Jonah had suffered through a few days of digestive troubles and abdominal pain due, his doctor believes, to overgrowth of yeast in his system, and she wants him to stay in town to make sure it clears up sufficiently. If his counts are high enough, and his gut is doing better, Jonah may be able to go home for the weekend. But in the meantime, he has been dealing with some new trouble—sudden hair loss and severe withdrawal pains from going off of a potent steroid he was taking last week. Not only was Jonah's hair coming off in handfuls on his pillow—a distressing (and itchy) experience—but Jonah's legs were in such pain that he was unable to sleep most of the night Tuesday night, and yesterday he was unable to rest comfortably throughout most of the day. Today, however, the hair loss has slowed down just a bit, the pain has lessened dramatically, and Jonah was downstairs making pancakes before I was even out of bed and wanted to go out for a walk through the neighborhood right after breakfast. 

While we are grateful for a better day today, we are also anticipating a rough time for Jonah in the two weeks that lie immediately ahead. One of the drugs he will be receiving was, in the past, responsible for his very worst bouts of nausea, and he will also be given another truly nasty drug that can result in longer-lasting (and more serious) side effects. Some of these side effects may not appear until years later, which makes the prospect even more daunting. None of us, as you can imagine, are looking forward to these treatments, but we are grateful to know that we are being held up by all of your love, help, and prayers. And we have not forgotten that we pray to a God who, Himself, knows what it is to suffer.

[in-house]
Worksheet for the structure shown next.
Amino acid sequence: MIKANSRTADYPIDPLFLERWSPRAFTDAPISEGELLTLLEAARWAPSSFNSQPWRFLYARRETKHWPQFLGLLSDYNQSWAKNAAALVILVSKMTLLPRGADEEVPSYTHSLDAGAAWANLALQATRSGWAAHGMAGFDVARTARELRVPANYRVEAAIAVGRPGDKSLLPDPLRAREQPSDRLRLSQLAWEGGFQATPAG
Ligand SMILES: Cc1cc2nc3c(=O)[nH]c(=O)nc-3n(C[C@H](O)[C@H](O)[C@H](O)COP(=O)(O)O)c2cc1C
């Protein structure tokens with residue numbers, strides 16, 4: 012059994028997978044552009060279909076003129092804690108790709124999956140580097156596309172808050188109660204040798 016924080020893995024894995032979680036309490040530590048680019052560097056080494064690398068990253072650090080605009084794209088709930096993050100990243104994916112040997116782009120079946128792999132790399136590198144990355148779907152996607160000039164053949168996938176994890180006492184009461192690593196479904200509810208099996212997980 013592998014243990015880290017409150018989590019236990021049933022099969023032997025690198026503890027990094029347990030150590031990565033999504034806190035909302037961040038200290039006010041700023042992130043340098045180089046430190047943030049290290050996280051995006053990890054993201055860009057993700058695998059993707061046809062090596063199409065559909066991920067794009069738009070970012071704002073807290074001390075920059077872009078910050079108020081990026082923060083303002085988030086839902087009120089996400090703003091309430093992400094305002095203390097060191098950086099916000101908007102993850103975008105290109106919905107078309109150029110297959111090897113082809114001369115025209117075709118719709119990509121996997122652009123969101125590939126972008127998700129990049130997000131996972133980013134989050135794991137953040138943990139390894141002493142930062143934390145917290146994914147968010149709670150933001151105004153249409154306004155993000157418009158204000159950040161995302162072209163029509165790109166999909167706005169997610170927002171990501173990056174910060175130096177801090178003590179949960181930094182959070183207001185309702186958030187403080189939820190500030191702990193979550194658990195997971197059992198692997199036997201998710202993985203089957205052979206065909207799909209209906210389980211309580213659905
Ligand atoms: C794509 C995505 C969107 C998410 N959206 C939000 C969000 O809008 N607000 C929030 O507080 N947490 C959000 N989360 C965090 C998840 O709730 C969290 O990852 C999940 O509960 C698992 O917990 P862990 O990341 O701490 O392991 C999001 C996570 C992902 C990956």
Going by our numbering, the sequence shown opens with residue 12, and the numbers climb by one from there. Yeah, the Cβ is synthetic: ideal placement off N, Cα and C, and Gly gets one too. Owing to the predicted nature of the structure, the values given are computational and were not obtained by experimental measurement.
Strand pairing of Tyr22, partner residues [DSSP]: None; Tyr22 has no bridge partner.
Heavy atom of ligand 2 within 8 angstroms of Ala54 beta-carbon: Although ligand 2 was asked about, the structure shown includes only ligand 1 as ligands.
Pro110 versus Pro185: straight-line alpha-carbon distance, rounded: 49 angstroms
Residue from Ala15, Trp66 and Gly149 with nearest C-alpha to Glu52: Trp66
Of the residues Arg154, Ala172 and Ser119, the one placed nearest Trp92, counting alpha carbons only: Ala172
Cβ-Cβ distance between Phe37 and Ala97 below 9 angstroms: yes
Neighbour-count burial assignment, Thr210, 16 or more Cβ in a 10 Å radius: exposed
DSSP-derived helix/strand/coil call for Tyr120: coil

As we anticipate a difficult few weeks ahead of us, we'd very much appreciate your prayers for our entire family—for Jayson and me as we try to give all of our children, including Jonah, the love and attention they need; for our other boys as they live with the disruption created by our separated family; for my mother-in-law as she takes care of the house and kids while Jayson and I are away; and, of course, for Jonah. Pray that his courage, his faith, his patience, and his body will remain strong. And, as always, please pray that these difficult treatments would result in a long, healthy, and fruitful life for him. Our hope is that the present trials will result in deeper wisdom and grace that will remain with him, and with all of us, for many, many years to come.